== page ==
Coming at the end of a hyperbolic week of allegations and machinations flying back and forth, this fact check from Jake Tapper almost seems … quaint. At the very least, it’s nostalgic, hearkening back to lighter days when anything Hillary Clinton said mattered, and usually wasn’t truthful anyway. In that sense, it’s good to see that nothing’s changed.

Tapper partnered with FactCheck.org’s Robert Farley to dismantle Hillary’s claims about Donald Trump in an op-ed at The Atlantic. Does Trump really show a “complete unwillingness” to stop Russian interference in the midterm elections? Has he really done nothing to “stop it or protect us”? Really really?

Er … no:

At some level, one has to wonder whether this column was worth targeting at all. Had it been written by anyone else, probably not. The passage that gets fact checked is so shallow that one has to wonder why it was included at all, other than to fill in a bullet point:

Second, the legitimacy of our elections is in doubt.

There’s Russia’s ongoing interference and Trump’s complete unwillingness to stop it or protect us. There’s voter suppression, as Republicans put onerous—and I believe illegal—requirements in place to stop people from voting. There’s gerrymandering, with partisans—these days, principally Republicans—drawing the lines for voting districts to ensure that their party nearly always wins. All of this carries us further away from the sacred principle of “one person, one vote.”

This is such a weak talking-point regurgitation that Hillary had to graft gerrymandering and voter-ID laws onto it to fill it out past a single sentence. Gerrymandering is hardly new, and for that matter the Republican version of it is hardly more innovative than Democratic versions. None of this has anything to do with “one person, one vote” modeling, either. It’s word salad at best.

Still, Tapper and Farley squash this no-see-um with a sledgehammer. While there certainly has been room to criticize Trump for some of his statements on the matter, the Trump administration has in fact taken significant action against Russia for its election interference:

  • The Department of Homeland Security has developed partnerships in all 50 states to help state and local election officials defend against interference in their elections, providing services such as vulnerability assessments and expertise in technology security.
  • The FBI director says his agency has been working with social media and technology companies, sharing “specific threat indicators and account information, and a variety of other pieces of information so that they can better monitor their own platforms” to combat influence campaigns such as the one Russia engaged in during the 2016 election.
  • The Office of the Director of National Intelligence led an inter-agency working group of cyber and intelligence experts to improve election security.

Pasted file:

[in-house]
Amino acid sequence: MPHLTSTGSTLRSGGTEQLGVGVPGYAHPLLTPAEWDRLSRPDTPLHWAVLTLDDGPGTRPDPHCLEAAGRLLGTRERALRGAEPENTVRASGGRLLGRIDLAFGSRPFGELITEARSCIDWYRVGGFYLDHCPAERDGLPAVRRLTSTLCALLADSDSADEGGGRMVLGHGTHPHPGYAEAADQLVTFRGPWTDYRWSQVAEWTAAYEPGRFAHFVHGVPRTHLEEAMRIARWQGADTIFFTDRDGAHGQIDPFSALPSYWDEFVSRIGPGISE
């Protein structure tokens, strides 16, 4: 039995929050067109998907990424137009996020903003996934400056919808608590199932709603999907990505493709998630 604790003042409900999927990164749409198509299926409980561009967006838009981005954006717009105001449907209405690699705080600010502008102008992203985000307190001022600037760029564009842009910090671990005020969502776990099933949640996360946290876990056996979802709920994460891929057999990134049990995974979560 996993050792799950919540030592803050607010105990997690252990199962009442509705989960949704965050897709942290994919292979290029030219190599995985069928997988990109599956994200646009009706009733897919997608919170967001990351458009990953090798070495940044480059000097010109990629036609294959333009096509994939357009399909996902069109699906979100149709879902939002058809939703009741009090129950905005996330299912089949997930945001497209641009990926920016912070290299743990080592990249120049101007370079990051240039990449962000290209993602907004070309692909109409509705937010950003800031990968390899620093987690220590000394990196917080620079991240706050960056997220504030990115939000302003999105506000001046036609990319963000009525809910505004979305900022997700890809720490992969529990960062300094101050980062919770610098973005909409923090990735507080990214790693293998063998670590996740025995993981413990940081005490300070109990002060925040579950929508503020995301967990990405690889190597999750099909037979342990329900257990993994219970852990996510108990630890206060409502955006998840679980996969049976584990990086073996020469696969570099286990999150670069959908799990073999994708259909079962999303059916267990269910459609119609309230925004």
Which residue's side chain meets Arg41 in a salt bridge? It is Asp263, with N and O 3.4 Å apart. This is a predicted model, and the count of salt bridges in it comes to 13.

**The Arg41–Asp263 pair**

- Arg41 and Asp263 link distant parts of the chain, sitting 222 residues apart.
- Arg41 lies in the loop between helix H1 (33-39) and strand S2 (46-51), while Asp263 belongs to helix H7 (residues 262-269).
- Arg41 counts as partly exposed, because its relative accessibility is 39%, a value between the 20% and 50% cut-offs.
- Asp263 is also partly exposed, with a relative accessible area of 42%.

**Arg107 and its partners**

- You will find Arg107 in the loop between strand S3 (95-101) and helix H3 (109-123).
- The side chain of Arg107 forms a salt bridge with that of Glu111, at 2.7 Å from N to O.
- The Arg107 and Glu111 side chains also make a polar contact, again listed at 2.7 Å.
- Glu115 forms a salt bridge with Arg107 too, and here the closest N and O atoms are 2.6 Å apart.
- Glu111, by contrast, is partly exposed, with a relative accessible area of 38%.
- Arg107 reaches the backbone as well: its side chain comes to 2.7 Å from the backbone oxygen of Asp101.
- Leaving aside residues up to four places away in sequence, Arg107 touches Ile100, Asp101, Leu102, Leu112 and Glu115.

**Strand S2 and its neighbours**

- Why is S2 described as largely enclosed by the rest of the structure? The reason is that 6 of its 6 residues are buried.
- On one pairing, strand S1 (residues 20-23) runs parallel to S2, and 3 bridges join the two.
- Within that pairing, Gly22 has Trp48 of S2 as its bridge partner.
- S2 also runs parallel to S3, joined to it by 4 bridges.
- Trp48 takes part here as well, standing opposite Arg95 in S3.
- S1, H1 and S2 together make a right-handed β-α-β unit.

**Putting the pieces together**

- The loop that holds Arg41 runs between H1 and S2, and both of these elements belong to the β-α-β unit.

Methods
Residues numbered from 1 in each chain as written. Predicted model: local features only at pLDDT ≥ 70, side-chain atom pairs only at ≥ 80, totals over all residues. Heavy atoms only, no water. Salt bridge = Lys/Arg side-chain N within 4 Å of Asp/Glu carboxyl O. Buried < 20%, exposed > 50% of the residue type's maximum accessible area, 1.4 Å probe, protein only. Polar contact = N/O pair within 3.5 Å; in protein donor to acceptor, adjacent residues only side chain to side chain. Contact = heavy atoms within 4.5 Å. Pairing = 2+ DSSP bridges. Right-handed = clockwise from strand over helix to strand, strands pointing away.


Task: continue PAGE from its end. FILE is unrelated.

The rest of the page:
• Trump expanded sanctions against Russians who were involved in or facilitated interference in the 2016 election.
  • Trump signed an executive order that will, among other things, give the president discretion to impose sanctions on foreign countries that interfere in U.S. elections.

Just four days prior to Hillary’s op-ed, Farley further notes, Trump signed an EO declaring a national emergency over the threat of interference in the midterms:

I, DONALD J. TRUMP, President of the United States of America, find that the ability of persons located, in whole or in substantial part, outside the United States to interfere in or undermine public confidence in United States elections, including through the unauthorized accessing of election and campaign infrastructure or the covert distribution of propaganda and disinformation, constitutes an unusual and extraordinary threat to the national security and foreign policy of the United States. Although there has been no evidence of a foreign power altering the outcome or vote tabulation in any United States election, foreign powers have historically sought to exploit America’s free and open political system. In recent years, the proliferation of digital devices and internet-based communications has created significant vulnerabilities and magnified the scope and intensity of the threat of foreign interference, as illustrated in the 2017 Intelligence Community Assessment. I hereby declare a national emergency to deal with this threat.

That certainly seems like an indication of concern. Granted, it’s not the same level of concern as blaming a YouTube video for an attack on a consulate and later declaring “What difference at this point does it make?” when proven wrong, but still.

It’s an excellent debunking, for what it’s worth. The better fact check might have been on The Atlantic, however, for implying that Hillary Clinton has anything reliable and interesting to say.